Detailed musculoskeletal examination: pREMS assessment

pREMS assessment

  • Be undertaken via a pREMS (paediatric Regional Examination of the Musculoskeletal System). This is similar to the adult REMS of each joint with a number of additional elements (special tests) that are explained below.
  • The basic principles of the pREMS assessment are:
    • Introduction
    • Look
    • Feel
    • Move
    • Function
    • Special tests


  • Introduce yourself and obtain (verbal) consent/assent.
  • Chaperone, as necessary.
  • Observe child walking into clinic room or playing at rest.
  • Appropriately expose (be aware of cultural sensitivity and gender).
  • Watch for non-verbal signs of distress/pain (e.g. facial expression, withdrawing limb).
  • Carefully check for symmetry and look for joint swelling, abnormal posture, muscle wasting.
  • Perform the whole examination – joint involvement may not be obvious from the history and may have been overlooked by the parent or carer. Although changes may be subtle, joint involvement can be helpful to establish the diagnosis.
  • A ‘copy me’ approach can be particularly helpful by sitting opposite the child – often makes the examination a form of play and helps with younger children.
  • Further advice on general approach can be found on the PMM website.


  • Appropriately expose.
  • Comparing both sides, look specifically for:
    • rashes, muscle bulk, swelling, scars.
    • posture and alignment of joints.
    • footwear, walking aids or other bedside clues.

A useful overview of surface anatomy can be found on the PMM website.


  • Temperature
  • Swelling
  • Tenderness
  • Crepitus
  • Muscle tone


  • Active movements (where patient moves joints): use ‘copy me’ approach.
  • Passive movements (where examiner moves joints)
  • Note ranges of movements – normal ranges can be found on the PMM website. A number of additional movements are shown below.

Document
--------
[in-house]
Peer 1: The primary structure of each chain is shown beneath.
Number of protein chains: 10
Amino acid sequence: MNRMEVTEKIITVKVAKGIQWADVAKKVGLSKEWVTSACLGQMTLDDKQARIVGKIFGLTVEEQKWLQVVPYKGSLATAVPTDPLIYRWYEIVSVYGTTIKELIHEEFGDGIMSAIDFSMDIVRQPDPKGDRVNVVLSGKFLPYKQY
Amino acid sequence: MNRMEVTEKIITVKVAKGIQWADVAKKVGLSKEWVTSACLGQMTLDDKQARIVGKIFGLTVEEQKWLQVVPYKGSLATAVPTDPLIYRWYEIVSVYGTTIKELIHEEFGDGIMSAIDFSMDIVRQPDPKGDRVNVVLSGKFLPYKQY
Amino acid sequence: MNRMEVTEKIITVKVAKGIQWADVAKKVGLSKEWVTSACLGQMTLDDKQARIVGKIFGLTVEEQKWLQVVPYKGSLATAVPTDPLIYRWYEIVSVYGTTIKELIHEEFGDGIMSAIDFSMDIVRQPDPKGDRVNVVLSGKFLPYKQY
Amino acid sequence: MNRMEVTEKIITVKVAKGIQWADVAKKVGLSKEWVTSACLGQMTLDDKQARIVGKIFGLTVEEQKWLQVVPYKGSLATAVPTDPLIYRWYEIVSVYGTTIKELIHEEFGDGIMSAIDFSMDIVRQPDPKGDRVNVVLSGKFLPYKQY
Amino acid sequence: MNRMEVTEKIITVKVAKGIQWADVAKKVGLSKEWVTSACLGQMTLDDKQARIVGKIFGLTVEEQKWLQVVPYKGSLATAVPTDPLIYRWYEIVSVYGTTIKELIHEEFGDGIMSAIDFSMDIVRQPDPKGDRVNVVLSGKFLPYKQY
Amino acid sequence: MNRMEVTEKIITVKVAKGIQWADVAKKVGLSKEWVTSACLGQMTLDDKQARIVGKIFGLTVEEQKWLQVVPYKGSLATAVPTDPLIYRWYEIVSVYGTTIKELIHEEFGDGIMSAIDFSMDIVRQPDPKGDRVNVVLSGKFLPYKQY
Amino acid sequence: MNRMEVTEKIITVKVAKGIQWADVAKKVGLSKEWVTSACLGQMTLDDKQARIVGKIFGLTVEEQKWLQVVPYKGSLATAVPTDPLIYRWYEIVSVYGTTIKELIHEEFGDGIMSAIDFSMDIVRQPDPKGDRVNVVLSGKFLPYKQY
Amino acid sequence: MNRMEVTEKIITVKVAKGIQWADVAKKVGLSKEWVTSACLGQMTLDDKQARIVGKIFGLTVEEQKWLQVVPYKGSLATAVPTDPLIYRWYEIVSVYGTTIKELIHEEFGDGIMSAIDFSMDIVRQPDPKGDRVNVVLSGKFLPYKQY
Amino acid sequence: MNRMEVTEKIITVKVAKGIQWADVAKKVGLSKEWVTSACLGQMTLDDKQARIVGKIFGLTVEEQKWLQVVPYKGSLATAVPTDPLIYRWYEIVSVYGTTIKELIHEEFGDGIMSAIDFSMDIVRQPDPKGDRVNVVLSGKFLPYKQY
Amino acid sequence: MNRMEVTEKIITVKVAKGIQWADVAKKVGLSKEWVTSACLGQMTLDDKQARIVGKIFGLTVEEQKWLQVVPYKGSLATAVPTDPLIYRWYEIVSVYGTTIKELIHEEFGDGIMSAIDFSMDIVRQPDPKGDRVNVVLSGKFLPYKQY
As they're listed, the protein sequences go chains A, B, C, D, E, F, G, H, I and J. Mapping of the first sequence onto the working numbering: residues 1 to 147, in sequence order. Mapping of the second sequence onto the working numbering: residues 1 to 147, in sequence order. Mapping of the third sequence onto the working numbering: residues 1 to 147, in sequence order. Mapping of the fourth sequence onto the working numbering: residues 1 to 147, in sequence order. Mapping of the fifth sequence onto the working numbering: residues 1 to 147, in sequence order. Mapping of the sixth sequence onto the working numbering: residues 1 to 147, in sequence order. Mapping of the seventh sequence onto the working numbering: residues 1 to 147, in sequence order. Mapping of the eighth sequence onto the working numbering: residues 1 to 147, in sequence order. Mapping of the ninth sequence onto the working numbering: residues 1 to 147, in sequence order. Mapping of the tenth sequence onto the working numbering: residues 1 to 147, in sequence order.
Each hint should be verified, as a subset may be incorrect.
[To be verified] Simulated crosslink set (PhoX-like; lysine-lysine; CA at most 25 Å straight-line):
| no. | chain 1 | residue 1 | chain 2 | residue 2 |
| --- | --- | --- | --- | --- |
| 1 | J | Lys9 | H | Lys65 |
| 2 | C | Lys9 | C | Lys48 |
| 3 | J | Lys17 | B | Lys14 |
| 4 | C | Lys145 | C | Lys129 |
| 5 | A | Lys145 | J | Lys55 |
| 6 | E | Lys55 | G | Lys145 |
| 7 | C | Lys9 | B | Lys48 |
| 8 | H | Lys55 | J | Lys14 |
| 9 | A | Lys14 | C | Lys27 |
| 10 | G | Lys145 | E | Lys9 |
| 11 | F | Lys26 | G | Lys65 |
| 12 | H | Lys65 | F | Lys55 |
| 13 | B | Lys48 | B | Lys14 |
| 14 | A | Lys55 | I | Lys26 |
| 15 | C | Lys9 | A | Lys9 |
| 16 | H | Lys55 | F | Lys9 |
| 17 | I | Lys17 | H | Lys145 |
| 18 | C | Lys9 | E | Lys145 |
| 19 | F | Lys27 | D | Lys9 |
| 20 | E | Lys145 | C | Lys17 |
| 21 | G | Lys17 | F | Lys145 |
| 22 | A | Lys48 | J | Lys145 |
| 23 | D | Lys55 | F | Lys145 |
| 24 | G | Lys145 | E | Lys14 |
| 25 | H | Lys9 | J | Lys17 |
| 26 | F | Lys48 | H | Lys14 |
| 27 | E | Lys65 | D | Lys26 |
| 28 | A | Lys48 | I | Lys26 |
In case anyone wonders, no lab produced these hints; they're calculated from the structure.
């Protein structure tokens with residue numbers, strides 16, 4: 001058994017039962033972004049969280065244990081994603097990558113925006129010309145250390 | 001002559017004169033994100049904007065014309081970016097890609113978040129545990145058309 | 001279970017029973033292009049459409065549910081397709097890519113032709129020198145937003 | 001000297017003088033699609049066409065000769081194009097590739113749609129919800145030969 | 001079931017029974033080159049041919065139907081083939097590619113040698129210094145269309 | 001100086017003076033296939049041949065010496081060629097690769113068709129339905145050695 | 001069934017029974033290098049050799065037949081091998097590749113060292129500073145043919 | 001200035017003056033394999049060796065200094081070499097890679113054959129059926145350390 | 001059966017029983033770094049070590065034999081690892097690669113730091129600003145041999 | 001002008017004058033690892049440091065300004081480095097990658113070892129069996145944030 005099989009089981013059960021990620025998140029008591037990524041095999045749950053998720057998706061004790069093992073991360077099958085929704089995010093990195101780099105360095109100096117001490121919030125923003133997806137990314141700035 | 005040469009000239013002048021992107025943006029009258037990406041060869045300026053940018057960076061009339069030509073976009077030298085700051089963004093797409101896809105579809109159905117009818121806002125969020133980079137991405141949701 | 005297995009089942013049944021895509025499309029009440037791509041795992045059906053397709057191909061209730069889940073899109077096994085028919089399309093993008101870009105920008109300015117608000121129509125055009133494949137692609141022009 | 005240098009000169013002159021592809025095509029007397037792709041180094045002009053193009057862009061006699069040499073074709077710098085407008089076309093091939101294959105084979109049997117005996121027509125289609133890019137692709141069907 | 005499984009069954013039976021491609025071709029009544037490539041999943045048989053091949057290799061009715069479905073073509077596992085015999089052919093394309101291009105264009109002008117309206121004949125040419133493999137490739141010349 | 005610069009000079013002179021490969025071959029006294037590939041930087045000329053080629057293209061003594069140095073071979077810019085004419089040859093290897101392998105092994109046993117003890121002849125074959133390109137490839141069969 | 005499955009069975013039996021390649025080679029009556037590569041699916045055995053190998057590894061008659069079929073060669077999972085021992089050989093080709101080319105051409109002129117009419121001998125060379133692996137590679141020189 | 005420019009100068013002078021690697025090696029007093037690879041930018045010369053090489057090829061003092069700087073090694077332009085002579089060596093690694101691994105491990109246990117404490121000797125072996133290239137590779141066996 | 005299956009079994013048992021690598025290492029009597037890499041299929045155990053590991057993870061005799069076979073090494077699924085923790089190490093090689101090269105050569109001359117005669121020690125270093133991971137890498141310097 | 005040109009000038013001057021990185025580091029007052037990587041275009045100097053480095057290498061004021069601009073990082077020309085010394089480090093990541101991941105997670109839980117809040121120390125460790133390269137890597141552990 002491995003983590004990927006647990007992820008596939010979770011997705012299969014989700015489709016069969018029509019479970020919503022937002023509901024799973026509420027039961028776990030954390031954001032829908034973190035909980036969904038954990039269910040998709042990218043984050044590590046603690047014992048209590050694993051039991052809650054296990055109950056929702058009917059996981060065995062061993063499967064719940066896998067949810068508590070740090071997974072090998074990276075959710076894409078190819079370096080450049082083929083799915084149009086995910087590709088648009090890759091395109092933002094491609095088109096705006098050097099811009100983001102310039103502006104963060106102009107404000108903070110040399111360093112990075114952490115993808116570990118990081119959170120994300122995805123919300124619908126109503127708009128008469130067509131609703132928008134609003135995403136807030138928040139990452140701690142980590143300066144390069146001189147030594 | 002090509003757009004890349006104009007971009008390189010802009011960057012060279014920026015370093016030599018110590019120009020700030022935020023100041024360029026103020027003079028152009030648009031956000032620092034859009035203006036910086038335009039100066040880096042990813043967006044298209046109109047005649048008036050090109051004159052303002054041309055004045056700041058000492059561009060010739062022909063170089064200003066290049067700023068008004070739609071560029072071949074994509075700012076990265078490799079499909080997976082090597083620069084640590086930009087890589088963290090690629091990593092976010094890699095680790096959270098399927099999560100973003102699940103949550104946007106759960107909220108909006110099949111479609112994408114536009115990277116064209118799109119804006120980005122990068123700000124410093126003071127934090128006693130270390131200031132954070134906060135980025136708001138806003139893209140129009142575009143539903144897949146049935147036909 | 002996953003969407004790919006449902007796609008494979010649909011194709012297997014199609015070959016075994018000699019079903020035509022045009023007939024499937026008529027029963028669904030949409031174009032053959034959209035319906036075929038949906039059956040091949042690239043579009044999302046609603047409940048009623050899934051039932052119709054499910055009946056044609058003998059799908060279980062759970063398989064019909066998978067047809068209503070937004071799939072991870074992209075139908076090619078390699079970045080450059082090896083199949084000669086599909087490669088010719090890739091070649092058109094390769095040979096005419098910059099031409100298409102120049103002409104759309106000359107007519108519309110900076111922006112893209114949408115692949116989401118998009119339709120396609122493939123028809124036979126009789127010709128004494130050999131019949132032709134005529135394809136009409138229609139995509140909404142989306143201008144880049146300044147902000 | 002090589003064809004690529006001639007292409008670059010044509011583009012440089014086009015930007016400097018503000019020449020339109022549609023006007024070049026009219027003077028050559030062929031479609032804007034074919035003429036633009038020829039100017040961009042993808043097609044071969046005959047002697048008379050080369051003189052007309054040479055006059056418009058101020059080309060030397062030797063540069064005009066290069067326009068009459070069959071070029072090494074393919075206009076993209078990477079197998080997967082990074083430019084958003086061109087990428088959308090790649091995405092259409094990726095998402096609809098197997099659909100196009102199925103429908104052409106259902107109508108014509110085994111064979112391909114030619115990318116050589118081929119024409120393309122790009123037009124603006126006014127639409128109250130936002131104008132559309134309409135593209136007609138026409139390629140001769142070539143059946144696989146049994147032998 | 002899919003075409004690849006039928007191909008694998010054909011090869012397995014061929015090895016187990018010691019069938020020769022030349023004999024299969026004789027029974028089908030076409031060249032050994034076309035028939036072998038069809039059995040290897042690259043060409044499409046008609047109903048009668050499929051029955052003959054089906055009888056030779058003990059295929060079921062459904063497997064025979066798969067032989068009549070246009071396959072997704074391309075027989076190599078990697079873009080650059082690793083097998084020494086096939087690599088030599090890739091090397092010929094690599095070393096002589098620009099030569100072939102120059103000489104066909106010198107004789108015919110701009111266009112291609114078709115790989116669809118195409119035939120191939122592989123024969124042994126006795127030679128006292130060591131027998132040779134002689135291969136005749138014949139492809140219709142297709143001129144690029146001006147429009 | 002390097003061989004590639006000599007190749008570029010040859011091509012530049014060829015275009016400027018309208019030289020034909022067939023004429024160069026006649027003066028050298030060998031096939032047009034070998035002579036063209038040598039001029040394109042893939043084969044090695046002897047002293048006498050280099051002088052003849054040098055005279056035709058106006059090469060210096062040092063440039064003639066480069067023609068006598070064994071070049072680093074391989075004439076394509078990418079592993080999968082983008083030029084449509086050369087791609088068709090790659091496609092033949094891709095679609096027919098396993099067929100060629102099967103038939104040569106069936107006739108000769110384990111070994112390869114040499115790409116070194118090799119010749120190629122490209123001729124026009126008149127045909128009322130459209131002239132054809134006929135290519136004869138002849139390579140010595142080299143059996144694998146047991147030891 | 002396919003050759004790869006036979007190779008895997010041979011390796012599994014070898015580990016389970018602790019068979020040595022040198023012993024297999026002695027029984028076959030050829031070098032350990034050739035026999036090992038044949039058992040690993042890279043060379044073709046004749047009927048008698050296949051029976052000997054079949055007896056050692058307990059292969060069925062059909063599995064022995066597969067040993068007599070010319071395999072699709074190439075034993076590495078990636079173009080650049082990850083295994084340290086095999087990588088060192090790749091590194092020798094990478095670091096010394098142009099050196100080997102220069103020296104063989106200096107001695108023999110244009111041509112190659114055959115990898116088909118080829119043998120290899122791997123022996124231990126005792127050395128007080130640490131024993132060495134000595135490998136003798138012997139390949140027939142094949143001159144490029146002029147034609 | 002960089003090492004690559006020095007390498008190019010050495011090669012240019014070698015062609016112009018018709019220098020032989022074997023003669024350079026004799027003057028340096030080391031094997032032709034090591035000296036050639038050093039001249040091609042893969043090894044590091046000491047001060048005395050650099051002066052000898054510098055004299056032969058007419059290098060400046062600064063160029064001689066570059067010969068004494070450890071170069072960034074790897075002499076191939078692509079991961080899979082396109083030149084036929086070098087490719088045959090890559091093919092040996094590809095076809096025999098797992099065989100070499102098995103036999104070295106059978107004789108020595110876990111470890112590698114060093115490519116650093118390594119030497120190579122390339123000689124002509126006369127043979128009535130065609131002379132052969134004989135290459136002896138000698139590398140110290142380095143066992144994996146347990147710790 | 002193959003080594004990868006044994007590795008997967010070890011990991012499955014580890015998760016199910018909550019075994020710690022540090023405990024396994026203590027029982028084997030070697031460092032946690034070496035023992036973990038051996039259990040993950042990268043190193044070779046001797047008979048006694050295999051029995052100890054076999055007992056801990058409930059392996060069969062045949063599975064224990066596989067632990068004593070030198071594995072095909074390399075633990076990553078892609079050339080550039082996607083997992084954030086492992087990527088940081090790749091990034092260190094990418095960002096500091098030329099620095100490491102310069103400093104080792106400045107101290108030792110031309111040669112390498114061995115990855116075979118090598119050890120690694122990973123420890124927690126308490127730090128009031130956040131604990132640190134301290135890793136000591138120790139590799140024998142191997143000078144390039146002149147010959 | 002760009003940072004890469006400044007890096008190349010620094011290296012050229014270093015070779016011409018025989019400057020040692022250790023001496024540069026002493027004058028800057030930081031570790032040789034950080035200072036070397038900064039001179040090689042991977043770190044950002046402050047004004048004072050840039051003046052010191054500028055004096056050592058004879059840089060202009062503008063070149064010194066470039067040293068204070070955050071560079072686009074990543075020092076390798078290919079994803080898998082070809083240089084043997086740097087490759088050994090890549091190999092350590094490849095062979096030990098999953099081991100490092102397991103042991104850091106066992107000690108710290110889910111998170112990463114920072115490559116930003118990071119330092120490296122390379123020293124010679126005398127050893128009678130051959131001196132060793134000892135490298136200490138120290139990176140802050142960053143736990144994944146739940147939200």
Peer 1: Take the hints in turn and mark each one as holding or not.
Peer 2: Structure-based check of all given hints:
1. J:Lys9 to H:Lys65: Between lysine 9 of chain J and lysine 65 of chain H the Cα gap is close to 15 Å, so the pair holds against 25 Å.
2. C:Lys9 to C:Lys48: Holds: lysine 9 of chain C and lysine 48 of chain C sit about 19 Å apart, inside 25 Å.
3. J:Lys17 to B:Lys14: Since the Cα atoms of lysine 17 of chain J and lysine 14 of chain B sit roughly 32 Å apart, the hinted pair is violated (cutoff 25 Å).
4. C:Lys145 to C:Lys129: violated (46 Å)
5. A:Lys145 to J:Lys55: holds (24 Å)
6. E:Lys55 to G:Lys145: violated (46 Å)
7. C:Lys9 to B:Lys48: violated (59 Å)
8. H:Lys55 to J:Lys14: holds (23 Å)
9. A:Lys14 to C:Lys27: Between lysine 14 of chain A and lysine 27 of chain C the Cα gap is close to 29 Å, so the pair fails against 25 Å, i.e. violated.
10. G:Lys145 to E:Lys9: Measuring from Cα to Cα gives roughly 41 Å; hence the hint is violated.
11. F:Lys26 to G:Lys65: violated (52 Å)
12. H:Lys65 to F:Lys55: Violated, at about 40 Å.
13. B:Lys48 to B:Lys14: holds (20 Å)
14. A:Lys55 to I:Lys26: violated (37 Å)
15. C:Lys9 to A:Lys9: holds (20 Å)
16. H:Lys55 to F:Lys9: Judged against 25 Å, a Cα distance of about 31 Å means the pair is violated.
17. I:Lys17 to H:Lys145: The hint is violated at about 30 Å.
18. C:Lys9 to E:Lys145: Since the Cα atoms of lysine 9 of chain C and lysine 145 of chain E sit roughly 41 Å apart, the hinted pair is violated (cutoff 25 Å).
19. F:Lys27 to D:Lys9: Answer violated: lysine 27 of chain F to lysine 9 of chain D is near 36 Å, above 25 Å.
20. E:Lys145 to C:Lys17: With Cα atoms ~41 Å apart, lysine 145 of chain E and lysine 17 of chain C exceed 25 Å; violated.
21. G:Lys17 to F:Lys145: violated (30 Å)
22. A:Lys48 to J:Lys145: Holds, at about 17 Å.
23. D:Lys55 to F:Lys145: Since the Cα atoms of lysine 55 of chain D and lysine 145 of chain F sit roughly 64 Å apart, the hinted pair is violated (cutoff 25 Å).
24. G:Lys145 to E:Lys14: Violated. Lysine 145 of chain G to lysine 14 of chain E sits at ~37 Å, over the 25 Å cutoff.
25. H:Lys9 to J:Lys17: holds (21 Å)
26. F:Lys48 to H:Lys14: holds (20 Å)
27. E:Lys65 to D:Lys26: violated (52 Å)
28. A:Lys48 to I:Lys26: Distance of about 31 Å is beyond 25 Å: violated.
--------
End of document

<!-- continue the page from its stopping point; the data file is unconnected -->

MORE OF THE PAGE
• Some children have hypermobile joints: further information on this can be accessed through the PMM website. Changes of hypermobility are symmetrical – if not, then consider pathology.
  • If active movement is restricted but passive movement is normal this may indicate a muscular, tendon or nerve issue rather than an issue with the joint.
  • Loss of movement can be recorded in degrees or as mild, moderate or severe.


Can be assessed whilst watching patient from start of consultation:

  • How do they walk into clinic?
  • How do they play with/use objects e.g. pencils, turning pages?
  • How do they rise from chair/ground? 
  • How do they remove clothing items for examination?

Special tests

These can be performed depending on the joint involved and clinical scenario.


  • Leg length: A discrepancy in the presence of MSK symptoms or limp should prompt referral to the appropriate specialist team. It should be noted that some children may have a leg-length discrepancy and are symptom free.
  • Thigh girth: Again, a discrepancy in the presence of MSK symptoms can indicate an underlying related MSK disease and should also prompt referral. Examples include: quadriceps wasting due to underuse of affected limb or thigh swelling in the presence of knee arthritis on the same side.